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NMA submitted comments last week on the proposed “Lamb Promotion, Research, & Information Order,” which would create a checkoff program for the lamb industry. NMA made it very clear that NMA believes that the terms of the proposed rule are unfair, discriminatory  and probably violate the Constitution.  If the Department chooses to move forward as proposed, at a minimum there should be an upfront referendum to obtain producer approval before the program is initiated. “We think it is totally inappropriate for the USDA to propose a rule that would redirect the processor funds through its check-off program, the more so when representation of the Board includes only two first handlers (processors) out of a total of 12 members, a disproportionate representation to the assessment revenue from this source,” wrote NMA Executive Director Rosemary Mucklow. The complete comments are available online at or via e-mail from [email protected]. You may also send a self-addressed, stamped (34¢) envelope to Jeremy Russell at NMA-West to obtain a copy; be sure to include the newsletter date with your request.




Beginning November 2001, the USDA/APHIS is requiring that certain classes of sheep and goats have PREMISE identification ear tags applied BEFORE they are moved from their farm to be sold in interstate commerce or commingled with sheep and goats from any other farms.




The 9-11 terrorist attacks have prompted some unanticipated support for merging federal food safety functions into a single agency, reported Food Chemical News Daily on November 21. President Bush’s Homeland Security chief, Tom Ridge, told reporters that the idea was certainly worth exploring. “We need to consider whether we want to have multiple organizations basically tasked with the same responsibility, or if we couldn’t enhance our security, improve our efficiency and maybe save a few bucks if we merged functions,” said Ridge.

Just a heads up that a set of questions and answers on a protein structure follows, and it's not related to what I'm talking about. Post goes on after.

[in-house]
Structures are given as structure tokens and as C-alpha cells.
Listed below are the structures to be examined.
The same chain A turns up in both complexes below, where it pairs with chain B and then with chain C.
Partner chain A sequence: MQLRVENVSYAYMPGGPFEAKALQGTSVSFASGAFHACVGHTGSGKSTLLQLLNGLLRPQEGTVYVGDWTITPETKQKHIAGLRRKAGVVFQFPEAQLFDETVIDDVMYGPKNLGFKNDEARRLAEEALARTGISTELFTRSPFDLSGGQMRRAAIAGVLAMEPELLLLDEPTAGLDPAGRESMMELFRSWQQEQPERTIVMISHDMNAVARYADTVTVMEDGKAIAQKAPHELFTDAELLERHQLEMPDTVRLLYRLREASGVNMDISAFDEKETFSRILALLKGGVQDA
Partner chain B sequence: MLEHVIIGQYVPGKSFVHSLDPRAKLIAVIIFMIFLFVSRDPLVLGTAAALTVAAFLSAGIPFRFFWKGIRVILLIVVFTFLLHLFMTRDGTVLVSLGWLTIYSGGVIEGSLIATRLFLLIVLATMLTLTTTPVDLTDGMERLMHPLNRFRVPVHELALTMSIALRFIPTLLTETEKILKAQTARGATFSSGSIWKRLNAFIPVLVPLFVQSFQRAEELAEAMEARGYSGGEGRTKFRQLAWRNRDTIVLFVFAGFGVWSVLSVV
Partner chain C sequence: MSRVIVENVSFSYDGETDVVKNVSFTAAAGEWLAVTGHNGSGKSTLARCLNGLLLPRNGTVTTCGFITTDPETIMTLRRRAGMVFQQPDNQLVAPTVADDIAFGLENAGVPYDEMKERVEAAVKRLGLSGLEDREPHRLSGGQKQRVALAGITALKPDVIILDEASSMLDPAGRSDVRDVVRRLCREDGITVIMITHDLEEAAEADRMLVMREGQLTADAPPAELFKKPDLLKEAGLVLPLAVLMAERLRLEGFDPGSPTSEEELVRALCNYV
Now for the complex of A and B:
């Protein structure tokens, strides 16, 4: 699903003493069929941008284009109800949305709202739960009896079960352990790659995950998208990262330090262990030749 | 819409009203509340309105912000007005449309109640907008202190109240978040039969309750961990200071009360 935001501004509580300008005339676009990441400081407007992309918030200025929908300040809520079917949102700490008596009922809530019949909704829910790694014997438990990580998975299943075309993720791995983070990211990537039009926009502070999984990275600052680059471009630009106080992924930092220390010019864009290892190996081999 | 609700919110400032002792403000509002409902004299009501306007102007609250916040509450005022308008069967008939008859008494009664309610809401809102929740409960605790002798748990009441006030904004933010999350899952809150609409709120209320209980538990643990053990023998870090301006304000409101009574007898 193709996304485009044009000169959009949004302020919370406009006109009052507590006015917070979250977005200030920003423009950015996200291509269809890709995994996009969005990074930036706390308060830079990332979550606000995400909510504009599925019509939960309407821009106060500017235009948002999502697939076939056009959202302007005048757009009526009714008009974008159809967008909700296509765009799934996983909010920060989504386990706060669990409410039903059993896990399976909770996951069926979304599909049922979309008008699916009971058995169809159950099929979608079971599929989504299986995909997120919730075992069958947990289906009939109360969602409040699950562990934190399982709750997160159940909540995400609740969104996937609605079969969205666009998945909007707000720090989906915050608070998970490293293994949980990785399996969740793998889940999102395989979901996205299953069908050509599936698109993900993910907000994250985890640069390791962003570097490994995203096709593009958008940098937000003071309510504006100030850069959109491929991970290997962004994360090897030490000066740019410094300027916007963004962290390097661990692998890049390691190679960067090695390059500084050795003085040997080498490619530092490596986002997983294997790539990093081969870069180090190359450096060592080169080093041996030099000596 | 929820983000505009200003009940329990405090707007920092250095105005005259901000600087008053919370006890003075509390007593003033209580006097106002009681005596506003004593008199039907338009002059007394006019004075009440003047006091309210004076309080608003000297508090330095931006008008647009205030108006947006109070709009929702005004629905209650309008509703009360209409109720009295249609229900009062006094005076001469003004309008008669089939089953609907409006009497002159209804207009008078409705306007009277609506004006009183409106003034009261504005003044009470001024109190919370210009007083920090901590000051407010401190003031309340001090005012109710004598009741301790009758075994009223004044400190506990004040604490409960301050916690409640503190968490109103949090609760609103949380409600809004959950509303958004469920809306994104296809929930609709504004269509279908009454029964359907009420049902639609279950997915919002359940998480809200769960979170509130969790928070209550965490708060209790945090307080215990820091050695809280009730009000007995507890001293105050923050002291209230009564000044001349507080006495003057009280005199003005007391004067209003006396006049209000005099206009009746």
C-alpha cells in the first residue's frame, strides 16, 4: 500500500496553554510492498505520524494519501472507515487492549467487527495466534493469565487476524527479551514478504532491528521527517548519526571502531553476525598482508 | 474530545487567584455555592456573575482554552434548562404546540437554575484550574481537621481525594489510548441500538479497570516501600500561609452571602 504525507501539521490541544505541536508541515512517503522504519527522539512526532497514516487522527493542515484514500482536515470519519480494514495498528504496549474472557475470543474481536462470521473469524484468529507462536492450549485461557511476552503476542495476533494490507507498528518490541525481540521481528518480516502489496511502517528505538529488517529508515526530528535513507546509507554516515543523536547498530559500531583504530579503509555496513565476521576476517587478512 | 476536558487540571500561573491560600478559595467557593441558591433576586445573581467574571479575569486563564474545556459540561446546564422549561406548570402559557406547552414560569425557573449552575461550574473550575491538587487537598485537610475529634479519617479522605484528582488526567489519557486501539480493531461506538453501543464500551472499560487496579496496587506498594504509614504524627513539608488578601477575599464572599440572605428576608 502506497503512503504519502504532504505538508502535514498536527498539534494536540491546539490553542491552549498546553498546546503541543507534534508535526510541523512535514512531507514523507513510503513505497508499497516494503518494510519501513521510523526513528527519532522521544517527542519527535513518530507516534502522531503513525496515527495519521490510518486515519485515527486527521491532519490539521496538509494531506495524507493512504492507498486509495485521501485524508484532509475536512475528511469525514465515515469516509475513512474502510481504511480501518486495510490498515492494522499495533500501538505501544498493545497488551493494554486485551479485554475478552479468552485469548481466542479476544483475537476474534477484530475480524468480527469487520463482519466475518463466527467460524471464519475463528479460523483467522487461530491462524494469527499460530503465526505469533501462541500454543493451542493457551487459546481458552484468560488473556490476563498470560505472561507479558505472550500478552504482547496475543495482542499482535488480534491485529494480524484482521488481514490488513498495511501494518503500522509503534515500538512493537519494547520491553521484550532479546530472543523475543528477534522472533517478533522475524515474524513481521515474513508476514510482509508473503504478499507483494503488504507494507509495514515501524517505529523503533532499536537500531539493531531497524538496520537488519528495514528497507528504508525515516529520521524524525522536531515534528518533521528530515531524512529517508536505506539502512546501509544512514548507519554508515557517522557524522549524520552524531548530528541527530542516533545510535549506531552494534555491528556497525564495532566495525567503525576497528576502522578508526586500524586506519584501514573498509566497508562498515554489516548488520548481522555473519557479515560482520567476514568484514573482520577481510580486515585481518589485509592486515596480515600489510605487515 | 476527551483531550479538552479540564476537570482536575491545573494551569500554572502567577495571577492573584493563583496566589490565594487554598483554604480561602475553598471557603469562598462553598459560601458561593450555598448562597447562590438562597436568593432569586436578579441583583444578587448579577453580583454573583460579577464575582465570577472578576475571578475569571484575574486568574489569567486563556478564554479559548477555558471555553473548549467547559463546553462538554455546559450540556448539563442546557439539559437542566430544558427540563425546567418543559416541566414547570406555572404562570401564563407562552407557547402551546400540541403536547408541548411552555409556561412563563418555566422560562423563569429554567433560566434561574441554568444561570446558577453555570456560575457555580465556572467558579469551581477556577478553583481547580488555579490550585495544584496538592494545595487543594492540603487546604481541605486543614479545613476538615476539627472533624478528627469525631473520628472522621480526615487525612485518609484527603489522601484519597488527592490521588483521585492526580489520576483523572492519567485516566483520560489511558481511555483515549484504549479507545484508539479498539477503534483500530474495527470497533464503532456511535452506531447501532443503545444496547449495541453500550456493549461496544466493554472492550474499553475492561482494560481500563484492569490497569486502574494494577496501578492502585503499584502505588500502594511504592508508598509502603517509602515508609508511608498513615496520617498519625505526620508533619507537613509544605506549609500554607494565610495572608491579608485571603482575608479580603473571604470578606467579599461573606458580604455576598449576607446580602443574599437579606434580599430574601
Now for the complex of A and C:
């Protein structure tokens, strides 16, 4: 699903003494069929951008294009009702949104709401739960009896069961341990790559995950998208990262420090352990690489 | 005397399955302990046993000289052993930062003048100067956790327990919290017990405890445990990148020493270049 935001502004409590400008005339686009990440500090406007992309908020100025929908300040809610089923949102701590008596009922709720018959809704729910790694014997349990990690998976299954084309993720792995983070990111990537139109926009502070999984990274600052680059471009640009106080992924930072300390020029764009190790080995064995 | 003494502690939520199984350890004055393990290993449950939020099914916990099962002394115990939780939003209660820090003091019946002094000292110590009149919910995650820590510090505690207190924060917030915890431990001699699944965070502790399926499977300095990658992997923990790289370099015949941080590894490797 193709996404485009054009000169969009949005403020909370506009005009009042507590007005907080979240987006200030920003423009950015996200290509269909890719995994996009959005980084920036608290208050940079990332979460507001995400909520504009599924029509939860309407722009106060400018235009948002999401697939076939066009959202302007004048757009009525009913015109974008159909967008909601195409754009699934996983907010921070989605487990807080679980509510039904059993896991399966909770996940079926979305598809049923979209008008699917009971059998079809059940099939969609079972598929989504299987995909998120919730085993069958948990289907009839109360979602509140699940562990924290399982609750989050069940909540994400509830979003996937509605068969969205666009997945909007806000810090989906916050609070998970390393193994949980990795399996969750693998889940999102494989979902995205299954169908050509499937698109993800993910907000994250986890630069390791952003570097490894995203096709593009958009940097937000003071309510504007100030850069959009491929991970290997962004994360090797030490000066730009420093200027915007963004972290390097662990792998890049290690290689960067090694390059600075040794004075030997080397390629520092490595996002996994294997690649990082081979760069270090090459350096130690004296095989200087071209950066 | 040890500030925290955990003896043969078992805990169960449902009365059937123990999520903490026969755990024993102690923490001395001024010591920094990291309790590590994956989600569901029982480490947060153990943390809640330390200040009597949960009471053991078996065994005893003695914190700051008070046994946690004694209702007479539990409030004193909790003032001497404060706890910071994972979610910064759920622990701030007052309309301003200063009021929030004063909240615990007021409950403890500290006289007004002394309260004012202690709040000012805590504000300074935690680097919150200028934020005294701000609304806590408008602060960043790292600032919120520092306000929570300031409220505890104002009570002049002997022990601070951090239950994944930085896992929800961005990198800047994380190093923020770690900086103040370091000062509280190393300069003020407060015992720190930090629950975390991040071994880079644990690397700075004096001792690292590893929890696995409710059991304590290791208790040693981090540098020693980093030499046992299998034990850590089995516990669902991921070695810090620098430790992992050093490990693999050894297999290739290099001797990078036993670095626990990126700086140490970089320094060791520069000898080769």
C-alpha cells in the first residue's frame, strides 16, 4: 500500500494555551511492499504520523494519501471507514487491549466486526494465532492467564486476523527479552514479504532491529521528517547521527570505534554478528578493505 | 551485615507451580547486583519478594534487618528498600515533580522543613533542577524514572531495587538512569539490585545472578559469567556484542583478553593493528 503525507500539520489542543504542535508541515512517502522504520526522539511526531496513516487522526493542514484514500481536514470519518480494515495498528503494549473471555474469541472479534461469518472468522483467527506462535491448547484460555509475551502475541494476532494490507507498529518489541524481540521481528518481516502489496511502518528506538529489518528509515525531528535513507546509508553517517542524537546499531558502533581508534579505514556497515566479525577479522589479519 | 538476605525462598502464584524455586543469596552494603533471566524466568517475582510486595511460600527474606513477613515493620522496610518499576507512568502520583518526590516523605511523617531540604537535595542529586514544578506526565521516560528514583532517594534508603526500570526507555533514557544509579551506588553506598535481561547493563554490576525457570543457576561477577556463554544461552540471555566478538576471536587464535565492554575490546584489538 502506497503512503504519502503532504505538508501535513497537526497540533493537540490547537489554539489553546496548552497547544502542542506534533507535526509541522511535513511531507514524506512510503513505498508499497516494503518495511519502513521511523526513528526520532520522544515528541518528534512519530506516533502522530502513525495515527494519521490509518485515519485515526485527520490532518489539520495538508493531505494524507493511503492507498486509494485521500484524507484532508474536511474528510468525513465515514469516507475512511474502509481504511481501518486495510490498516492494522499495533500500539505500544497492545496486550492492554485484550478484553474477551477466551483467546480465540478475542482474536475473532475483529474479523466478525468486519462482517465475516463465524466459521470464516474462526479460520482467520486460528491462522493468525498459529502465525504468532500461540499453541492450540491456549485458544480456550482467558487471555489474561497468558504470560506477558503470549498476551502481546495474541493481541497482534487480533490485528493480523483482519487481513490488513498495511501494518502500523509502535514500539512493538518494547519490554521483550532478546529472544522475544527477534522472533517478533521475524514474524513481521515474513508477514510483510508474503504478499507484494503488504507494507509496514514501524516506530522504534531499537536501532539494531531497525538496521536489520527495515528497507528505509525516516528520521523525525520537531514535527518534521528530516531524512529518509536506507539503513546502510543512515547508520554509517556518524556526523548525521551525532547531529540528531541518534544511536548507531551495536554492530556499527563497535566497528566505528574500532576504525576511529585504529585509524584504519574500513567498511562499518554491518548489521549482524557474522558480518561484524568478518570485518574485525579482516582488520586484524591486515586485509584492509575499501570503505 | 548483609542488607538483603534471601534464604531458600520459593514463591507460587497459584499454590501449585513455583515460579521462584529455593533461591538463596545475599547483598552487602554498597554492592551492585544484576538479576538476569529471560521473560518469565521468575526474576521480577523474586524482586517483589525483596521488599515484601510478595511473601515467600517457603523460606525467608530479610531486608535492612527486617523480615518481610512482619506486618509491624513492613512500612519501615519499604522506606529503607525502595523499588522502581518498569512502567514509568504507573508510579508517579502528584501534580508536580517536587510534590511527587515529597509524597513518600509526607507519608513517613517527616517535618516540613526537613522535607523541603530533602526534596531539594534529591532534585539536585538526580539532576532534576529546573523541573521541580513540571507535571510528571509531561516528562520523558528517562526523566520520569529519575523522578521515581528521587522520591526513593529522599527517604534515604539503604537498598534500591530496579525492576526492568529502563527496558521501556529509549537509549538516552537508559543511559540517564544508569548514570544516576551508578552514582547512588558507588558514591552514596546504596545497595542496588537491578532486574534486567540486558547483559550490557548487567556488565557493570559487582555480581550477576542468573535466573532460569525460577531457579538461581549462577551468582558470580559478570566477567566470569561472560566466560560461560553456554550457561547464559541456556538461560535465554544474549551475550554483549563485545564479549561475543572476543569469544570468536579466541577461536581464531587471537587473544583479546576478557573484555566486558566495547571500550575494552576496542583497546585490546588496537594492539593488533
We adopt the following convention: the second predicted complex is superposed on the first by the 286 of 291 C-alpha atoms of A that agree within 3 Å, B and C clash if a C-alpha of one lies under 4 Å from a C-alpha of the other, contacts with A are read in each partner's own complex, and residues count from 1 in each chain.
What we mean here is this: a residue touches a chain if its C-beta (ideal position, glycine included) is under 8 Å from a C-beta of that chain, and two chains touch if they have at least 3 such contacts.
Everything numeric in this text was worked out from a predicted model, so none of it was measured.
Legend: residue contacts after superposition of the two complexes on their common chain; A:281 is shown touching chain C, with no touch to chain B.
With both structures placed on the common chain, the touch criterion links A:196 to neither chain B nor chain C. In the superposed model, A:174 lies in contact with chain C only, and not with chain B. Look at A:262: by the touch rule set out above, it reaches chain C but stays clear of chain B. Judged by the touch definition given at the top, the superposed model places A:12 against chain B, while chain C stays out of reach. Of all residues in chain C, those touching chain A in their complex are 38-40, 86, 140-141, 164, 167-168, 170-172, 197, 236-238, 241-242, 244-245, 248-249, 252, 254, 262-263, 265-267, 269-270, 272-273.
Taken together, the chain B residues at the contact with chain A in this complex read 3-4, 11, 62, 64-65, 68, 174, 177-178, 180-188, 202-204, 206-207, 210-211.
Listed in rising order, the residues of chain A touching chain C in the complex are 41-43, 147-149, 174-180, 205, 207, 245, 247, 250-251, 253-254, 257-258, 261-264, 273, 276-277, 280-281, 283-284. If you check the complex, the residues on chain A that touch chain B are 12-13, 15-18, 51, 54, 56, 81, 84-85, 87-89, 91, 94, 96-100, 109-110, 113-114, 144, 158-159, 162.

Representative Rosa DeLauro (D-CT), an avid supporter of consolidating food safety functions, said she was heartened by Ridge’s comments and the apparent willingness of the Bush administration to give the idea serious consideration, particularly in light of renewed concerns about bioterrorism and possible attacks on the food supply.




On November 14 and 15, 2001, the National Advisory Committee on Meat and Poultry Inspection (NACMPI) held its fall meeting in Washington, D.C. FSIS briefings were held on a variety of regulatory and legislative issues. Moreover, two issues were singled out for subcommittee discussions and recommendations: Retail Exemption and Modernizing Standards of Identity for Meat and Poultry Products. Margaret Glavin, the Acting FSIS Administrator and Chairwoman of the Committee, opened the meeting with remarks on the importance of the advisory committee to FSIS and the seriousness with which the agency takes the committee’s recommendations. Her remarks were followed by those of Dr. Elsa Murano, who serves as the Under Secretary for Food Safety. Dr. Murano spelled out the agency’s response to food bio-terrorism concerns since September 11. Briefings followed on the Food Emergency Rapid Response Evaluation Team (FERRET) and the newly established Food Bio-Security Action Team (F-BAT), as well as several other topics, for a full Olsson, Frank & Weeda summary, send a self-addressed, stamped (34¢) envelope to Jeremy Russell at NMA-West or e-mail [email protected] and be sure to include the newsletter date with your request.